(Let’s not forget the malicious tumor that has grown out of modern customer service culture, which is the person who knows how averse companies are to bad publicity and tries to hold the company and the customer service person hostage over the threat of a devastating tweet storm (or, the last resort of every Karen, a Better Business Bureau complaint). This person almost always gets what they want, because they know that for all the misguided revenue management policies that the company higher-ups put in place, companies will almost always pay someone to go away.)
This post was inspired by a great article by Nomadic Matt about the rot within AirBNB (summary: the nice façade of connecting like minded travelers with hosts who have extra space is deliberately meant to obscure the company’s true purpose: to allow shady property management companies to run untaxed and unlicensed hotels). I agree with everything he says, and I really appreciate that he hasn’t let his positive interactions with CEO Brian Chesky disconnect him from the everyday experience that non-blue check non-influencer customers will have when AirBNB fucks them over too.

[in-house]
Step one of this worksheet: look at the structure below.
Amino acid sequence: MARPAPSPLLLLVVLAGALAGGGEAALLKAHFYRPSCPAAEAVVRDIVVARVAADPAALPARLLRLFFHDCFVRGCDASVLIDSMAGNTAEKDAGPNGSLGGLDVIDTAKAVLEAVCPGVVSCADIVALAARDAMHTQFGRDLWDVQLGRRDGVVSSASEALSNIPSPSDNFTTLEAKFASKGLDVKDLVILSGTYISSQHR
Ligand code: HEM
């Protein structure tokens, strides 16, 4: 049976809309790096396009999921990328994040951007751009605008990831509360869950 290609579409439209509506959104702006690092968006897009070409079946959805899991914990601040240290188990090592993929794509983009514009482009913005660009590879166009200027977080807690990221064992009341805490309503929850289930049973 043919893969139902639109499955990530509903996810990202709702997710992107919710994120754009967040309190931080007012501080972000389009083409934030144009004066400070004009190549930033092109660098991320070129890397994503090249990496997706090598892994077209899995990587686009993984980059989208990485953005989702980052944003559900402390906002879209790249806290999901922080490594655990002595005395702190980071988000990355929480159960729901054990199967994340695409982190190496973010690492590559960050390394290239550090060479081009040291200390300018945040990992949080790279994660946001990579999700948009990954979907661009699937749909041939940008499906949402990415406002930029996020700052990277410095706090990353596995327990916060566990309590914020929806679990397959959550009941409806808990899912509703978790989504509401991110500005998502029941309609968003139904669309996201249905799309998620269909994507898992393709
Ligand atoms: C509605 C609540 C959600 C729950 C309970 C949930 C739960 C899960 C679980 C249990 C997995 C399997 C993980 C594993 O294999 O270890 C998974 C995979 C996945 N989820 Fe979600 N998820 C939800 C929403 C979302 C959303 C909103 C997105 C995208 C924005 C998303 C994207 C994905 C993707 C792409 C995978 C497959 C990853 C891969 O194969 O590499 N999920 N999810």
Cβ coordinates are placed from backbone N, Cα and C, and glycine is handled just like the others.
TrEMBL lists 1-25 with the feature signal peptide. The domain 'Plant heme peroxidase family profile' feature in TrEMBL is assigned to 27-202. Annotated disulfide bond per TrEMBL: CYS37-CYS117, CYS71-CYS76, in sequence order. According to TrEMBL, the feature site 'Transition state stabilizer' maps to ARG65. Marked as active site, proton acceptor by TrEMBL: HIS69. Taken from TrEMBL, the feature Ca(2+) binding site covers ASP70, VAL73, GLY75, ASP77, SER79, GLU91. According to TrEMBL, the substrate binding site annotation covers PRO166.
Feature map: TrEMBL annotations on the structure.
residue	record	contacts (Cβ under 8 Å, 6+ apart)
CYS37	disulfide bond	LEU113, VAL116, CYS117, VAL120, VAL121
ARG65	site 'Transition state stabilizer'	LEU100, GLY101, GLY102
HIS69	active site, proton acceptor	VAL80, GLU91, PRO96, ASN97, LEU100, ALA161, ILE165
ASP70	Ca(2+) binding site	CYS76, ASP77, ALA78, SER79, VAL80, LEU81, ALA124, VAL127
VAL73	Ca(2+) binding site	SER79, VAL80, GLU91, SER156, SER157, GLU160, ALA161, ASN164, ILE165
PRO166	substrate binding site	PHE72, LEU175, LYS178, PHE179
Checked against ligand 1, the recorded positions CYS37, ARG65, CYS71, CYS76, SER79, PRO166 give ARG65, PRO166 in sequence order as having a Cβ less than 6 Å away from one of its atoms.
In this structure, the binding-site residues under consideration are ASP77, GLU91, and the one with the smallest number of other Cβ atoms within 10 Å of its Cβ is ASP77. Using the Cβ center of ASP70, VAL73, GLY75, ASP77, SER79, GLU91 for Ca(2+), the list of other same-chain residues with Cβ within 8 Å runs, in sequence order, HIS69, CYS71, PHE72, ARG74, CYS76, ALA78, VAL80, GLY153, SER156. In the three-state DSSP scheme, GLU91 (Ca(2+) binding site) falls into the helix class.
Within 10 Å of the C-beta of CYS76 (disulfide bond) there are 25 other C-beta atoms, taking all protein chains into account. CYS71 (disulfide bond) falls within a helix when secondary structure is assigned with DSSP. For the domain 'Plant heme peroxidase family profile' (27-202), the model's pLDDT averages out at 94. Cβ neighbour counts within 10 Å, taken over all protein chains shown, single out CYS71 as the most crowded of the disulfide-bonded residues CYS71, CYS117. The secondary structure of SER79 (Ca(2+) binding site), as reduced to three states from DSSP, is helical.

I haven’t had too much bad luck with AirBNB, although I did have a host cancel reservations for my boss and I immediately before a convention. This was the first and last time I ever used AirBNB to book business accommodations (and I only did it because the location of this convention was in possibly the worst location in the entire world for hotel availability). It was a clear case of the host realizing after the fact that they had let their properties go for way too cheap with the convention in town. AirBNB did fuck-all to help me (thanks for the $20 credit, that really helps out when my fucking job is on the line and my work is reimbursing me for the rental anyway).